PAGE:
CBP is adopting as final, with the clarifications and amendments discussed above, the interim amendments set forth in CBP Dec. 12-10 that went into effect on April 24, 2012. The additional changes made to the interim regulation in this final rule include non-substantive editorial changes that improve readability, as well as logical-outgrowth changes to the interim regulation's provisions, as described above. In an effort to provide the trade, if necessary, with the opportunity to make adjustments to their business practices, CBP has determined to delay the effective date of this final rule for a period of 30 days from the date of publication of this document in the Federal Register.

Executive Orders 13563 and 12866

Executive Orders 13563 and 12866 direct agencies to assess costs and benefits of available regulatory alternatives and, if regulation is necessary, to select regulatory approaches that maximize net benefits (including potential economic, environmental, public health and safety effects, distributive impacts, and equity). Executive Order 13563 emphasizes the importance of quantifying both costs and benefits, of reducing costs, of harmonizing rules, and of promoting flexibility. This rule has been designated a “significant regulatory action” although not economically significant, under section 3(f) of Executive Order 12866. Accordingly, the rule has been reviewed by the Office of Management and Budget.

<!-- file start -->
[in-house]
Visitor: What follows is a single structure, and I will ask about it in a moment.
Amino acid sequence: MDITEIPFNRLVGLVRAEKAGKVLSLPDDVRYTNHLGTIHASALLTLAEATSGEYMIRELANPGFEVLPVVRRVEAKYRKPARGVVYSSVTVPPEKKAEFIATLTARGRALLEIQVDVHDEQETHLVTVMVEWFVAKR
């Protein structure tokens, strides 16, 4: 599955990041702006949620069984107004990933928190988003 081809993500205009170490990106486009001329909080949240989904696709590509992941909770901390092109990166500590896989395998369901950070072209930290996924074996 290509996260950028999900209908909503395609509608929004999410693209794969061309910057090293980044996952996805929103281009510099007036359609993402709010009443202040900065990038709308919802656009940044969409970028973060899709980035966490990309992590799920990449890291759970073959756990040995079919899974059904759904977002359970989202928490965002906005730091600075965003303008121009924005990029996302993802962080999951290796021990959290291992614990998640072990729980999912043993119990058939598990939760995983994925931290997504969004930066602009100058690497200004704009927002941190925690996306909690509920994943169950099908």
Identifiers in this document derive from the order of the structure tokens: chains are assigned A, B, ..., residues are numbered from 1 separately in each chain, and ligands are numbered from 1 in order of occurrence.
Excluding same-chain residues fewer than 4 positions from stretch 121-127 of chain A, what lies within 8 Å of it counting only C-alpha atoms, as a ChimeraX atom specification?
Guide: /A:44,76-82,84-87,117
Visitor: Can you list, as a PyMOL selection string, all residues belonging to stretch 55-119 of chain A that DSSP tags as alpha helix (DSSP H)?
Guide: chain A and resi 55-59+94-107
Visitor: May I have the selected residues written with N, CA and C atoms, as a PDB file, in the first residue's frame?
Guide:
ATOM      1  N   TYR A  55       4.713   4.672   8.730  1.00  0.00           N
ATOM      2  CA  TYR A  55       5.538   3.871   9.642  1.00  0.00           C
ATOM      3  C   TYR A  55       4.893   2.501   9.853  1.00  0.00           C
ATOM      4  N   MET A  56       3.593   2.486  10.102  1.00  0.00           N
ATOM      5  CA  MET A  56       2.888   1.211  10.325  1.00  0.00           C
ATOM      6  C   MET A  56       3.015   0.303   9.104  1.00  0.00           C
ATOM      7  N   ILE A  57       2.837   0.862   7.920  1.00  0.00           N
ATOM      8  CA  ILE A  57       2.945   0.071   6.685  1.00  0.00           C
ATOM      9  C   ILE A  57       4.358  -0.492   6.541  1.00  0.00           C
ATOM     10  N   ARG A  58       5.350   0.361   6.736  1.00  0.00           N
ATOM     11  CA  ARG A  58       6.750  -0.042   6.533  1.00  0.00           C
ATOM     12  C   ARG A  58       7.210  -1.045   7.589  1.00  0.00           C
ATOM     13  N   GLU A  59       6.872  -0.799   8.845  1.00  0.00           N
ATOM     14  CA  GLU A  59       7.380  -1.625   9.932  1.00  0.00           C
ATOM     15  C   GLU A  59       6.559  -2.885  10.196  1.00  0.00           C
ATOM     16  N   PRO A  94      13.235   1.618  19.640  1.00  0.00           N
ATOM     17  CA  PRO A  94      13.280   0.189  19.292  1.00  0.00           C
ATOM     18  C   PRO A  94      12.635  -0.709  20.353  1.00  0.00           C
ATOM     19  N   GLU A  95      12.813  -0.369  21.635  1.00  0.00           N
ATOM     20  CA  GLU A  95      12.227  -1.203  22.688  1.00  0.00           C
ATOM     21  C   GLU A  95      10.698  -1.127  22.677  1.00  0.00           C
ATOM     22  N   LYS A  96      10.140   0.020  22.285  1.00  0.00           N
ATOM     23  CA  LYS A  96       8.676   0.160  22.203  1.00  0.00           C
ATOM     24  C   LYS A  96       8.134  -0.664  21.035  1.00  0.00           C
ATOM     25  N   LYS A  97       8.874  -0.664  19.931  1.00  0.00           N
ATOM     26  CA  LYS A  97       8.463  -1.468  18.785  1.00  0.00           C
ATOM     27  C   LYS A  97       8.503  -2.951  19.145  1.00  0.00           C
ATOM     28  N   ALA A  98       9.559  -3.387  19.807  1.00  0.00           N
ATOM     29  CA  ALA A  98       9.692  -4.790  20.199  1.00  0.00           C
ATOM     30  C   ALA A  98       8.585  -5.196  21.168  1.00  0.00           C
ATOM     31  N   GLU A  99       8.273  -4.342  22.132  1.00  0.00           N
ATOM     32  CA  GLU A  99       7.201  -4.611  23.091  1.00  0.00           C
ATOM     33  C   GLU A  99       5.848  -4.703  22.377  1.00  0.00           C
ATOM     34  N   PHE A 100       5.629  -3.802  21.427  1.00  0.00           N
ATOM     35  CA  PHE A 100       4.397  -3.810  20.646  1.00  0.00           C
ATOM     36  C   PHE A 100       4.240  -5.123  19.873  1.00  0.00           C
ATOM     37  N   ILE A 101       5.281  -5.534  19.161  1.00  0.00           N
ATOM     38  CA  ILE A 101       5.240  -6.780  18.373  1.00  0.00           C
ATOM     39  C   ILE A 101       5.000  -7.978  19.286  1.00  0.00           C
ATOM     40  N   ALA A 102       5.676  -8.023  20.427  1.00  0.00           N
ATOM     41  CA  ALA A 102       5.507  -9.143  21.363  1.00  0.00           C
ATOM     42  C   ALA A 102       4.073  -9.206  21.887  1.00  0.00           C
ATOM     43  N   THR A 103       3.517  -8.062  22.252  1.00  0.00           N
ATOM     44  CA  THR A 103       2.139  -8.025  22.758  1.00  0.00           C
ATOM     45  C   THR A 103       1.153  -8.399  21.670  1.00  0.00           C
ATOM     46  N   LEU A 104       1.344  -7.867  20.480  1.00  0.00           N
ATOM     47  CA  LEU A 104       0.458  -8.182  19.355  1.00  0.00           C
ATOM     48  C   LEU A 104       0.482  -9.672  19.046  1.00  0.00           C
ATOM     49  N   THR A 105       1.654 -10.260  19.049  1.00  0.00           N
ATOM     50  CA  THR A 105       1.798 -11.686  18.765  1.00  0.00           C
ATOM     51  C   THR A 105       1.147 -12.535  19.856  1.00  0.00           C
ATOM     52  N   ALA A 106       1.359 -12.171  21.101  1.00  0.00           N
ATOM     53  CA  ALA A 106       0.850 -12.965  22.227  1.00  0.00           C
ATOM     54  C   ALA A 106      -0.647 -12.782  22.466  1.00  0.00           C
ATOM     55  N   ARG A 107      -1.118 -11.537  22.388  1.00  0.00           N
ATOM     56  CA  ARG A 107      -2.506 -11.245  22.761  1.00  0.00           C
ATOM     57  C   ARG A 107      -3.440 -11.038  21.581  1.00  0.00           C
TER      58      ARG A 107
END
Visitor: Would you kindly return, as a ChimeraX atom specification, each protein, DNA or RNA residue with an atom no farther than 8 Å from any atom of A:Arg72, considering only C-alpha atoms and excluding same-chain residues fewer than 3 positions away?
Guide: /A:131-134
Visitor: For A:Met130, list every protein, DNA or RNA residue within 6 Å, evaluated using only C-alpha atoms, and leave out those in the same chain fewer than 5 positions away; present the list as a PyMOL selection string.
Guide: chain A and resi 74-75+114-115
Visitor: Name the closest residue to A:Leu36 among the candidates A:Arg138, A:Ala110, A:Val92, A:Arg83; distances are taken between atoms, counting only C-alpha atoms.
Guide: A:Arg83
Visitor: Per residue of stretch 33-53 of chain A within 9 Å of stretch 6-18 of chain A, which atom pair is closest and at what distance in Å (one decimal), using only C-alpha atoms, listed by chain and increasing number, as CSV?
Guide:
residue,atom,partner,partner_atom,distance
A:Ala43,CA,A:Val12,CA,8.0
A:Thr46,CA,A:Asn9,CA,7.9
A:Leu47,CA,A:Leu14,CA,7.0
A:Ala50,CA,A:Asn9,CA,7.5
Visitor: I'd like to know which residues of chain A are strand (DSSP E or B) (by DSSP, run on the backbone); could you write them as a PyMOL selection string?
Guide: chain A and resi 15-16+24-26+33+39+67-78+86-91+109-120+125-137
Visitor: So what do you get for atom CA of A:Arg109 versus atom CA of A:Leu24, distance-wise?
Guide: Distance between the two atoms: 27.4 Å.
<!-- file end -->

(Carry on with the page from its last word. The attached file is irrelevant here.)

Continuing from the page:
Regulatory Flexibility Act

The Regulatory Flexibility Act (5 U.S.C. 601 et seq.), as amended by the Small Business Regulatory Enforcement and Fairness Act of 1996, requires agencies to assess the impact of regulations on small entities. A small entity may be a small business (defined as any independently owned and operated business not dominant in its field that qualifies as a small business per the Small Business Act); a small not-for-profit organization; or a small governmental jurisdiction (locality with fewer than 50,000 people).